Science on the Edge Lectures
The RMSC Richard C. Shultz Science on the Edge lectures have provided insight and understanding about current research in a broad array of topics for a general audience for more than 30 years.
Science on the Edge sparks intelligent conversations throughout the community. Designed to engage those interested in broadening their scientific understanding, lectures promote the continuation of education and sharing of ideas.
This year, the lectures change from being a short series where speakers come from across the nation to present in the stadium-style Eisenhart Auditorium to several local experts delivering their cutting-edge science discoveries in an informal atmosphere in the Science Museum building. The new, easy access to the Museum’s exhibits creates a dynamic and immersive experience. The lectures take place during the spring and fall.
Enjoy a lecture, Museum exploration, and meeting with the speakers in a unique after-hours experience. Seating is limited, pre-registration is highly encouraged. Call 585.697.1942 to register.
Museum open at 5:30pm; Lecture begins at 7pm.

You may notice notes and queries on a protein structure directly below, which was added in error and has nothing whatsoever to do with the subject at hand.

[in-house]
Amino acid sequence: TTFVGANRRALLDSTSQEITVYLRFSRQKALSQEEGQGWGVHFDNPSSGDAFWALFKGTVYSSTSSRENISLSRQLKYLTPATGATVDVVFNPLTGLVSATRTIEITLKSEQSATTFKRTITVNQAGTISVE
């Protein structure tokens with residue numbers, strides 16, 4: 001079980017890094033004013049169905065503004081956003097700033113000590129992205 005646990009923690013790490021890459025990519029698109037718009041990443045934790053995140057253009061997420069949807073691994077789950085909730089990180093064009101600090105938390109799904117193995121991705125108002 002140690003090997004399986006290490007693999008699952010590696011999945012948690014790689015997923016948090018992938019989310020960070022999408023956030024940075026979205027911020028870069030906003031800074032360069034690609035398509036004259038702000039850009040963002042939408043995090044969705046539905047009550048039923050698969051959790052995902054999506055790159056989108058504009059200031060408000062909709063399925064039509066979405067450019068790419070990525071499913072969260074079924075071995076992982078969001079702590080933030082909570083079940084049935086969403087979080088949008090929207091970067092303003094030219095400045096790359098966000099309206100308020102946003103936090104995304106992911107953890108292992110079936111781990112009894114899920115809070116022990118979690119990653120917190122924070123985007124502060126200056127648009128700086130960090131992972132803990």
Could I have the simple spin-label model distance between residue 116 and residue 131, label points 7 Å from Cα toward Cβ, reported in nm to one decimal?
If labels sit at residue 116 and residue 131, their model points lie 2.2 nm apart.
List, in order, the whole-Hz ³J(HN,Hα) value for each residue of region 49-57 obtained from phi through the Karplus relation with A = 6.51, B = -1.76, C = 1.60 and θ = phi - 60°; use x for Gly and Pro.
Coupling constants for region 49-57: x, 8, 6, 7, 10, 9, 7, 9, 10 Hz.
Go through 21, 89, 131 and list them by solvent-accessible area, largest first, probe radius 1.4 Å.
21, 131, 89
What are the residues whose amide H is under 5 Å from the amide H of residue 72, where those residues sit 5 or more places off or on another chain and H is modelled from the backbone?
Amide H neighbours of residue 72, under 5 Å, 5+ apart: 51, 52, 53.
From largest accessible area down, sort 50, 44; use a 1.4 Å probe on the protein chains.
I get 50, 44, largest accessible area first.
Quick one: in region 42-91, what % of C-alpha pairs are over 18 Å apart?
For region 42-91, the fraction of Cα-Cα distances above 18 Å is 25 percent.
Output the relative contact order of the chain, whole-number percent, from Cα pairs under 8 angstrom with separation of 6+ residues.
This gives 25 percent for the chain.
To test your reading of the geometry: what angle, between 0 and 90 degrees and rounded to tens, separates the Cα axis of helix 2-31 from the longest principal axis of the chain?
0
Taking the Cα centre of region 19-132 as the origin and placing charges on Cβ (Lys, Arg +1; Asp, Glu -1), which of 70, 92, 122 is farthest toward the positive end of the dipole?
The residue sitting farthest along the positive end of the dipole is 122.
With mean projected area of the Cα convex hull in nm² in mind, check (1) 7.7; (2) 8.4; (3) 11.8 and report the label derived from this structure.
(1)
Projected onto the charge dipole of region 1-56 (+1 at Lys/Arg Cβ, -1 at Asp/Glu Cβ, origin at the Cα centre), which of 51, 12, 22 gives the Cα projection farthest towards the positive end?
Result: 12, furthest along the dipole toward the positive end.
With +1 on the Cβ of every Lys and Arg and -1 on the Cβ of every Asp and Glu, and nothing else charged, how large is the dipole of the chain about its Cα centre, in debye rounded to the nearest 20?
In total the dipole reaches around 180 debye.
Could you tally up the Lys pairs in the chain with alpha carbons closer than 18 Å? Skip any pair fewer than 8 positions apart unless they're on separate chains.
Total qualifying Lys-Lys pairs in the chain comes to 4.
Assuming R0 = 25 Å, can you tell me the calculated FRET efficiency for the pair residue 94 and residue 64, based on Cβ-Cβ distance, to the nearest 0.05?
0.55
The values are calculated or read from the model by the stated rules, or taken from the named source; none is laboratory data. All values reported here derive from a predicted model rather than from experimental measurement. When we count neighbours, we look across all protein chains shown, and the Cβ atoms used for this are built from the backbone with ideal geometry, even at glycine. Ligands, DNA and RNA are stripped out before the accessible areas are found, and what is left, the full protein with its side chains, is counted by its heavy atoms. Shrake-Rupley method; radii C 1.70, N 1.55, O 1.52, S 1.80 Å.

RMSC Member: $8
General Public: $10
RMSC Member: $5
General Public: $6
RMSC Employees, Docents/Volunteers, Rochester Engineering Society: $2
*Students through grade 12 or college students with valid college ID.
Fall 2016 Series
The Science of Fashion
Thursday, Oct. 6: 7pm
Jeffrey Mayer, associate professor of Fashion, Fashion History and Textiles at Syracuse University, will discuss the major changes to the fashion industry due to the advent of "test tube fashion." From the development of synthetic dyes to synthetic fibers to 3D-printed garments and fabrics which are 'grown' in a laboratory, science has helped to shape and advance fashion. This lecture will cover the key scientific discoveries in textiles and fashion from the mid-19th century to the contemporary runway.
Gravitational Waves: Opening a new window on the universe
Wednesday, Nov. 2: 7pm
Richard O'Shaughnessy, assistant professor of mathematics and a program faculty in Astrophysical Sciences and Technology at the Rochester Institute of Technology, will discuss gravitational waves, which come from blackholes and other objects. Last September, the Laser Interferometer Gravitational-Wave Observatory (LIGO) detected gravitational waves formed from two blackholes that came together about one billion years ago. Gravitational waves create ripples in the universe's fabric, and these ripples give us incredible insight into phenomena in astrophysics. O'Shaughnessy will also talk about Einstein's legacy and how it will give us a new perspective into the universe.